While the pending June 30 deadline date has caused a critical drop in the value of undeveloped sites that will no longer qualify for 421-a abatements as
of right, it has had the reverse impact in another
market: the trading of 421-a certificates that absolve developers of the low-income requirement — and sometimes even can grant developers an extension for breaking ground.
A certain species of the document, formed via an agreement between low-income developers and the Housing Preservation Department on or before Dec. 26, 2006, gives developers until June 30, 2009, to break ground on their projects and avoid both the $65,000 assessment cap and the 20 percent low-income requirements.
Needless to say, these certificates — dubbed “golden” certificates by their brokers — have skyrocketed in value as July 1 approaches, since they will be the only way to beat the assessment cap and low-income requirements once the date passes.
The certificates are selling for $37,000, up from around $25,000 last summer, according to Massey Knakal managing director and partner James Nelson.
“As we get closer to the June 30th deadline, and people don’t get in the ground, the [“golden”] certificates will definitely go up in value,” he predicted. “I’d guess beyond $40,000 by June 30th.”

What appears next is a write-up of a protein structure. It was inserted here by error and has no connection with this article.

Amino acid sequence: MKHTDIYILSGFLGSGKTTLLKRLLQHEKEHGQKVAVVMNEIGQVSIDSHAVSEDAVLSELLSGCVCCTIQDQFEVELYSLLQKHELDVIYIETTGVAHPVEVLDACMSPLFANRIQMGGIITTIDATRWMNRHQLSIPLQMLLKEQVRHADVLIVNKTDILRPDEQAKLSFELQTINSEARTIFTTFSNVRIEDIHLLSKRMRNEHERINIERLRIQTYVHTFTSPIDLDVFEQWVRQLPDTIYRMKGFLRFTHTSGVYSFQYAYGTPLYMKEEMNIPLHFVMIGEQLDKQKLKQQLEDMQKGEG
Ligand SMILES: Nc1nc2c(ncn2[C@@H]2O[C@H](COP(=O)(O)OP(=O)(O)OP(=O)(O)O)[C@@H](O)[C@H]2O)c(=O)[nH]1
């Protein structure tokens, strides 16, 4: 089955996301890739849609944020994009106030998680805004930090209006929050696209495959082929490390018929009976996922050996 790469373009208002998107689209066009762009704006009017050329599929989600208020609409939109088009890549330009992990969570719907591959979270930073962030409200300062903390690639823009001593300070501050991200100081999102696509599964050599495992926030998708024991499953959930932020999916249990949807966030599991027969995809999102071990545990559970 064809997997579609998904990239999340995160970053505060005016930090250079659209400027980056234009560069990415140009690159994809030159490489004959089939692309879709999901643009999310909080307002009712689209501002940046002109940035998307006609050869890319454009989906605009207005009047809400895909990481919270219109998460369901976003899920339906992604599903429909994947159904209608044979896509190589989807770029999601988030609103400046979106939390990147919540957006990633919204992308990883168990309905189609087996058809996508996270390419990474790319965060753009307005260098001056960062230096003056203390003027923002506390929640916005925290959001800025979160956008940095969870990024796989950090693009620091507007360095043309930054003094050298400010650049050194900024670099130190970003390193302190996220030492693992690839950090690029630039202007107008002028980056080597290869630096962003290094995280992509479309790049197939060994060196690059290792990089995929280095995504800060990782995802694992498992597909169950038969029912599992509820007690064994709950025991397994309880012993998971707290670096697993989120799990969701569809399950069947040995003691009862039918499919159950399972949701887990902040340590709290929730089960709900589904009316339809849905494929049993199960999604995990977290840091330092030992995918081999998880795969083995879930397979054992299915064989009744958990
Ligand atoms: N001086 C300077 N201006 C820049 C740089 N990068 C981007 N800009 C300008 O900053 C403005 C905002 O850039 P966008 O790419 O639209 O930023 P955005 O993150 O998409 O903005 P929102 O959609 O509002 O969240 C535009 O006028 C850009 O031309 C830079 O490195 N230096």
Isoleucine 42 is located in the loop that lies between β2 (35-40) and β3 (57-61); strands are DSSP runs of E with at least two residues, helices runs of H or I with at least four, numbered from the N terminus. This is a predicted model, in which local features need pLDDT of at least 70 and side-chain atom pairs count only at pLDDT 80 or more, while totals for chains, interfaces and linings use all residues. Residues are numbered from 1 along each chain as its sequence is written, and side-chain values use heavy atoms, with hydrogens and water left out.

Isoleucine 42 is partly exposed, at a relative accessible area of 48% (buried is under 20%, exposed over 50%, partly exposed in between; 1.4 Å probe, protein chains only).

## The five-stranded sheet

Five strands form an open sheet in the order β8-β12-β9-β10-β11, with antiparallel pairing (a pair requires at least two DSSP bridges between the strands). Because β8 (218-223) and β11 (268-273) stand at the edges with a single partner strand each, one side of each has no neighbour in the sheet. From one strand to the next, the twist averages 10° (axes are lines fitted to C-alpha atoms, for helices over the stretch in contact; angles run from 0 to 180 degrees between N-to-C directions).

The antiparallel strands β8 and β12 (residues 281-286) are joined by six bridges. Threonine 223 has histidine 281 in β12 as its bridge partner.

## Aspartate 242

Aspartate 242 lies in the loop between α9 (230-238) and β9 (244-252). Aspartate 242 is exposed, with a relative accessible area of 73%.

His firm has sold 16 such certificates, for a total of $592,000.
The one catch to the “golden certificates,” however, is that they cannot be applied to developments outside the new 421-a Geographic Exclusion Area. So if you want to build outside the zone, your only options are to break ground by July or suffer the abatement cap.
Real estate attorney Paul Korngold said, however,
that because property values outside the GEA tend to be lower, the cap in those areas usually won’t hurt a developer as badly.
There are exceptions of course, such as super luxury property in Forest Hills, Queens, Korngold noted. But for other outside-the-zone locations, “odds are the assessed value of a project will not exceed $65,000 per unit in a lot of those areas,” Korngold said.